I’ve been growing Jiaogulan — also known as the plant of immortality — for two years now. It’s only this year though that I started to make tea with it. The amount of shoot tips (about 6 or 7) in the photo were sufficient to impart a pleasing sweetness to my small tea pot holding about 2 mugs’ worth of tea. A pity the leaves are scentless, and I meant to add lemon balm leaves (shown surrounding the tea pot and bowl on the table) to make up for it, but didn’t. I had wanted to enjoy the tea of immortality in its pure state. I nibbled on a raw leaf, and found it surprisingly sweet with a bitter aftertaste. I ended up eating the “tea leaves” once I’d drunk the tea — for even greater benefit. The vine is promoted as “like ginseng but works better than ginseng” by the German herb and spice supplier Ruehlemanns, who also recommends the leaves in stirfries.
Why immortality? Apparently in the mountains of Southern China where it originates (Guizhou), those who drink or eat it regularly are noted for good health and longevity. It is recommended for lowering high blood pressure, stabilizing blood sugar, lowering bad cholesterol, and anti-tumor activity, among other all-round beneficial health-boosting effects. Botanically known as Gynostemma pentaphyllum (each compound leaf has five parts; other related species may have three, seven or nine), Jiaogulan is regarded as an even better adaptogen (health booster) than ginseng for its greater store of antioxidants, discovered inadvertently by the Japanese researcher Masahiro Nagai, while searching for an alternative sweetener. (In Japan the plant is known as amachazuru, sweet tea vine). These antioxidants are doubtless what give the bitter aftertaste.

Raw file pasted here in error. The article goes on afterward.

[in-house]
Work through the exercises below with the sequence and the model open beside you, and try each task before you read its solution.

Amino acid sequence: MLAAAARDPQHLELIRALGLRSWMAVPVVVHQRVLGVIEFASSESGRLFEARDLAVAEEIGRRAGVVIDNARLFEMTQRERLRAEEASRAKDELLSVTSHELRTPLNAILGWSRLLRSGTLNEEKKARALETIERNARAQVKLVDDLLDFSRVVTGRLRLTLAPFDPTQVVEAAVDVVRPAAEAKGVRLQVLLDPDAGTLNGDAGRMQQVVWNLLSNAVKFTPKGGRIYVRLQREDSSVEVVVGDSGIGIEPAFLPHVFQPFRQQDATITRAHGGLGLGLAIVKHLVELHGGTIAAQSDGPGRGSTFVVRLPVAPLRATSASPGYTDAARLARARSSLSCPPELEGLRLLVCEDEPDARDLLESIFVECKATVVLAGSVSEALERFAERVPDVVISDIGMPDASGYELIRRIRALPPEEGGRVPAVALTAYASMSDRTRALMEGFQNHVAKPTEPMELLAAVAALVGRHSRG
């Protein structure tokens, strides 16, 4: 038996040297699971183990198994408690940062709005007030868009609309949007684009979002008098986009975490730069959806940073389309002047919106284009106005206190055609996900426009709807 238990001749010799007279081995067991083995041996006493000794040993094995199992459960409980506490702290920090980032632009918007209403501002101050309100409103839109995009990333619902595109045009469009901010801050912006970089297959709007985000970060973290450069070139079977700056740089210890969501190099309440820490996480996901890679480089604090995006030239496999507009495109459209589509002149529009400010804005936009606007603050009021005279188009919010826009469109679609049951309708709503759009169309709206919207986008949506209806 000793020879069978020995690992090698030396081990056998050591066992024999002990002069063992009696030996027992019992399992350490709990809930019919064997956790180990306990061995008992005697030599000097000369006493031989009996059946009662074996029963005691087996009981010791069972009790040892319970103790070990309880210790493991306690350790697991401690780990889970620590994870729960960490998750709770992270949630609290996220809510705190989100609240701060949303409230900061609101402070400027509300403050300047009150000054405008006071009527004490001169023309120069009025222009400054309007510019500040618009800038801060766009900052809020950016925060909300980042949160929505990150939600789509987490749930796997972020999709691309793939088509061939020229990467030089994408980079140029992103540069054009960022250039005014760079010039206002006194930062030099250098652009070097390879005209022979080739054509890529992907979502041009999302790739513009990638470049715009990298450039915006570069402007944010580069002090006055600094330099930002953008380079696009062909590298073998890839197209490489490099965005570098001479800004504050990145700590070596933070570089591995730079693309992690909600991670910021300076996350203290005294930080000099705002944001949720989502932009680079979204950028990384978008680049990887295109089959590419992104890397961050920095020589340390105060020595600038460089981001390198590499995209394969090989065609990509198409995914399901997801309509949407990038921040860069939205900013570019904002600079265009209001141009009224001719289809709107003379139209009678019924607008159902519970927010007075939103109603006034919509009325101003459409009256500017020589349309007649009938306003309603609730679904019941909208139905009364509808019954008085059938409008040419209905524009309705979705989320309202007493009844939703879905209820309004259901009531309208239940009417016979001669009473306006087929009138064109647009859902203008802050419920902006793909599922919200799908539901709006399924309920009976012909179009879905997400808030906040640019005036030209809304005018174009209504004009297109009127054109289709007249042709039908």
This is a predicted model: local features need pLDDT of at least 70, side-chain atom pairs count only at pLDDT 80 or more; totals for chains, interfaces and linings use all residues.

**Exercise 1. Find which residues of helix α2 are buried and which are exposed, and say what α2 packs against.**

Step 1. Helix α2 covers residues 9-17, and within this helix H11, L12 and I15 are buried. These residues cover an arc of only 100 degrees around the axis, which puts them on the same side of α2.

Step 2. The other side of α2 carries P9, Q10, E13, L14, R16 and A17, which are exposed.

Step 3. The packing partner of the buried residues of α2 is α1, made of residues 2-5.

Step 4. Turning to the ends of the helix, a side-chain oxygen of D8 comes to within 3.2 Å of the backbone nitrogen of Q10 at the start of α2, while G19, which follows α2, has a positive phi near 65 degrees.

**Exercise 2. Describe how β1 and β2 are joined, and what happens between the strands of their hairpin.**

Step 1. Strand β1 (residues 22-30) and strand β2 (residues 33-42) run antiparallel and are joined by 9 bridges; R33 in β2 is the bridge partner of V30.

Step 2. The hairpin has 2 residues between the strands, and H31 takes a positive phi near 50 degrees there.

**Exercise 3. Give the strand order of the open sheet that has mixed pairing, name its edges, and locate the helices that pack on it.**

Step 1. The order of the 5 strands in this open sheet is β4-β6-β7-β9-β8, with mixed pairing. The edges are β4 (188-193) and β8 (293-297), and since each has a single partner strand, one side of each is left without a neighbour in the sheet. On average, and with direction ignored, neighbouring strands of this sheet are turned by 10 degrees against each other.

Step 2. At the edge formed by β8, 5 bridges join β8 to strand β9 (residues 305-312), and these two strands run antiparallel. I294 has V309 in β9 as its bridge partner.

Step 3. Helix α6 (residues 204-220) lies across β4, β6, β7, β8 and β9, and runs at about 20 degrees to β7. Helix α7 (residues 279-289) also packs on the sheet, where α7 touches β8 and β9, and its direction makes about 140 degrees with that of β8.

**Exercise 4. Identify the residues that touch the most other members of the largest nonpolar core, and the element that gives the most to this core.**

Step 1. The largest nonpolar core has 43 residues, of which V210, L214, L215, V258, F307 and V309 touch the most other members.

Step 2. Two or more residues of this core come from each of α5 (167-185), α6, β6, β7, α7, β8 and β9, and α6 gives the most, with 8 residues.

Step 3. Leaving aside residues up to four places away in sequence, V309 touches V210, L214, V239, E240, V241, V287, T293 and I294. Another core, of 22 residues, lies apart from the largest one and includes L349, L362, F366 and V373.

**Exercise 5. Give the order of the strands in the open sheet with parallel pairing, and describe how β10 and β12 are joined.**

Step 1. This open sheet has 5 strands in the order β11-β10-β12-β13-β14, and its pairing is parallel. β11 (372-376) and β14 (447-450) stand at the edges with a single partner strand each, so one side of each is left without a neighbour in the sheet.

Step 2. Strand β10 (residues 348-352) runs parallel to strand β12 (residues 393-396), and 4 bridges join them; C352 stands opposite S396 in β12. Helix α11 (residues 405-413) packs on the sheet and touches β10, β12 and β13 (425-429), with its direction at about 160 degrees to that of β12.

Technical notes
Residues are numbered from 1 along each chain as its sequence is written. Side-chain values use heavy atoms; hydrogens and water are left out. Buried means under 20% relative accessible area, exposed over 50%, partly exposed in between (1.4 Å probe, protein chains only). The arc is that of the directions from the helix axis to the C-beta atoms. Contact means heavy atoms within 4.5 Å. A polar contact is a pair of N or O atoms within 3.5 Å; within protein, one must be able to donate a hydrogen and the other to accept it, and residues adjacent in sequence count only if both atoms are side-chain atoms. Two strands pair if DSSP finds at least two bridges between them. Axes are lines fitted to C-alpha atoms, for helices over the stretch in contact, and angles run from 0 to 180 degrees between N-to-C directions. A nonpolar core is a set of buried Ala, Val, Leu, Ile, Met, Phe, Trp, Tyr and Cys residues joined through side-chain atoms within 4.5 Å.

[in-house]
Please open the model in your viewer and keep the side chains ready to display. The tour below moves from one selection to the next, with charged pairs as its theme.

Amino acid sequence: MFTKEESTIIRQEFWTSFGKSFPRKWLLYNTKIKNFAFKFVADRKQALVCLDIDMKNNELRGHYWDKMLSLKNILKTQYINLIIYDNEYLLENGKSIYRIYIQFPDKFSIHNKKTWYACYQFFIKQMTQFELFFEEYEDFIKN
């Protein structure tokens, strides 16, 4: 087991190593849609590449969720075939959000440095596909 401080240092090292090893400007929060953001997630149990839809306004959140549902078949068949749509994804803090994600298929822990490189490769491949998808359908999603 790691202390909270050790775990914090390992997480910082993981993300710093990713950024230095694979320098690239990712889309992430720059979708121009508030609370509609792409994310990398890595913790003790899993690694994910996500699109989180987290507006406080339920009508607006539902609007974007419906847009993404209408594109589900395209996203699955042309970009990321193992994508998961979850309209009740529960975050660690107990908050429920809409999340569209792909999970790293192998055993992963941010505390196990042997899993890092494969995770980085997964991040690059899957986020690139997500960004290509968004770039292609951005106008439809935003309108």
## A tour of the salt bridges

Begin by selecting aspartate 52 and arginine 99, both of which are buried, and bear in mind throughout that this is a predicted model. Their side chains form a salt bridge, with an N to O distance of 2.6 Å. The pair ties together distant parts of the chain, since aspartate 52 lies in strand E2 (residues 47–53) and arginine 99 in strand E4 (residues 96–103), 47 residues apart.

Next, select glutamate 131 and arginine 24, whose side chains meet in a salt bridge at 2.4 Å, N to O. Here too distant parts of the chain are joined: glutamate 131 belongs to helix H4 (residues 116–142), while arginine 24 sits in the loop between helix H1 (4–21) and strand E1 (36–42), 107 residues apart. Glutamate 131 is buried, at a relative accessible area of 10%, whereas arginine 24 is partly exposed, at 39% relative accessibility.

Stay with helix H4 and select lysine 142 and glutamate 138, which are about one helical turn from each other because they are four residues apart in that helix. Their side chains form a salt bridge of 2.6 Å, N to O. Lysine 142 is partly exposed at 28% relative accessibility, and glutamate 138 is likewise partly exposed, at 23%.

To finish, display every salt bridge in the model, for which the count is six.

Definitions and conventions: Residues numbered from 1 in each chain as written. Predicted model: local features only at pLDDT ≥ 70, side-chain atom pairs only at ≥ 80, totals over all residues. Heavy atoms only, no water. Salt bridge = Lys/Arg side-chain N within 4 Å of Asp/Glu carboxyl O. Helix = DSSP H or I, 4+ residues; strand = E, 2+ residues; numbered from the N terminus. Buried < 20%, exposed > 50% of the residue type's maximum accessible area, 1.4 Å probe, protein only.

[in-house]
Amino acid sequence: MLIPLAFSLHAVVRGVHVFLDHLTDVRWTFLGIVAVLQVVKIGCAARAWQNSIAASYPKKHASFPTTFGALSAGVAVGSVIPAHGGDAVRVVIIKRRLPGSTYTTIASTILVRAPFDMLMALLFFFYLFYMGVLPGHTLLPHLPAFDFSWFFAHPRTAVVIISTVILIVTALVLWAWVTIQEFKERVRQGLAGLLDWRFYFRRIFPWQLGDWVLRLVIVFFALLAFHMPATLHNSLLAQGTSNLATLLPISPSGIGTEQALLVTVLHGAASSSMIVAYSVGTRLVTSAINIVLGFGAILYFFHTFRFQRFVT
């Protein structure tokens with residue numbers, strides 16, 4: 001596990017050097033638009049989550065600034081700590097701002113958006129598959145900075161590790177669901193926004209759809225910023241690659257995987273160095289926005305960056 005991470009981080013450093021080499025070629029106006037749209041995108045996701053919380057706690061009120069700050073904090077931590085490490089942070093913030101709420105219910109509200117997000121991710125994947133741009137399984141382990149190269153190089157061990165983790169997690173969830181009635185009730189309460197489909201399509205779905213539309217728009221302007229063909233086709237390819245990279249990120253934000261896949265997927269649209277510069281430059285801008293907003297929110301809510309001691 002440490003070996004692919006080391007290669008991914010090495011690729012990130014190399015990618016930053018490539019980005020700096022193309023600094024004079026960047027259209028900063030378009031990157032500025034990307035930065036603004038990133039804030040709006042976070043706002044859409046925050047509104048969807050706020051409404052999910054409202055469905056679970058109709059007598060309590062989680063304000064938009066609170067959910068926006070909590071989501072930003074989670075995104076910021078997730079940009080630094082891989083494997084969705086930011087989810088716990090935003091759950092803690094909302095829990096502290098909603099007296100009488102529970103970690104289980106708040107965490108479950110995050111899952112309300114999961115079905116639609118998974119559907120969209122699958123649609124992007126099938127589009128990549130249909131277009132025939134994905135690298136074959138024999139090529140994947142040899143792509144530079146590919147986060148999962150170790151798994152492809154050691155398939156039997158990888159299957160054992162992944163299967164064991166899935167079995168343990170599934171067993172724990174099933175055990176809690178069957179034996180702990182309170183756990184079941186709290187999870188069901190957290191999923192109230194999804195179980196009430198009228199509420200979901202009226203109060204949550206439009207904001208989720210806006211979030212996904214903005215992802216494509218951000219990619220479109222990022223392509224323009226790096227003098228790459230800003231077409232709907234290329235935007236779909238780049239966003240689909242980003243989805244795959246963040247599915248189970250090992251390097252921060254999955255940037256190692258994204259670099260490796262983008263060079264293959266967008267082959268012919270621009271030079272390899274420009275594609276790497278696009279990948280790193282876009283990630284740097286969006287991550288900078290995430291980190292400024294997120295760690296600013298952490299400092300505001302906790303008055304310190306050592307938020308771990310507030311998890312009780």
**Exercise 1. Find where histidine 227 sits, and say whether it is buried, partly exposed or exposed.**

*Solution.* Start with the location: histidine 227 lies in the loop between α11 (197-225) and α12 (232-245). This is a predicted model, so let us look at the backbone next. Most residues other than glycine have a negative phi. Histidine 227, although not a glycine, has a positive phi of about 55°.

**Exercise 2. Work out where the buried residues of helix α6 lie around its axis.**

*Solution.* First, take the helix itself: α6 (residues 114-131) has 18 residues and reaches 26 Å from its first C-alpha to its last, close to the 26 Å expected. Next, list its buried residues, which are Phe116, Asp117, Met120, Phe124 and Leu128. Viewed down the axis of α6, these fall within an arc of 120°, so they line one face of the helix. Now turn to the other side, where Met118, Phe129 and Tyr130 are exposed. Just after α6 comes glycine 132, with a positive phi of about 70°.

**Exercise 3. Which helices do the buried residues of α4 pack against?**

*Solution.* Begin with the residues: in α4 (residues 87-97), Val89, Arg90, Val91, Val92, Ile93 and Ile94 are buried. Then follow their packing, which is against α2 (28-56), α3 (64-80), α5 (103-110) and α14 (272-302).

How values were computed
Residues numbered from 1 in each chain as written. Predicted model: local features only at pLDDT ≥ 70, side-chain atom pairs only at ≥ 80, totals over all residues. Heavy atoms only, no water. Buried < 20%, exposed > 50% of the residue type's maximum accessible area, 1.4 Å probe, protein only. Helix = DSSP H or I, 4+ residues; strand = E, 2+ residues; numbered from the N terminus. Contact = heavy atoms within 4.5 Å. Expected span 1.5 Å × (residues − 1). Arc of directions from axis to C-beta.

Speaking of bitter, in many foods such as tahina and coffee, those who regularly have these don’t sense or realize the bitterness, and shudder when I suggest bitter melon (Momordica charantia) to stabilize blood sugar levels (clinically tested btw). We’ll see what effects we get from immortality tea ☺.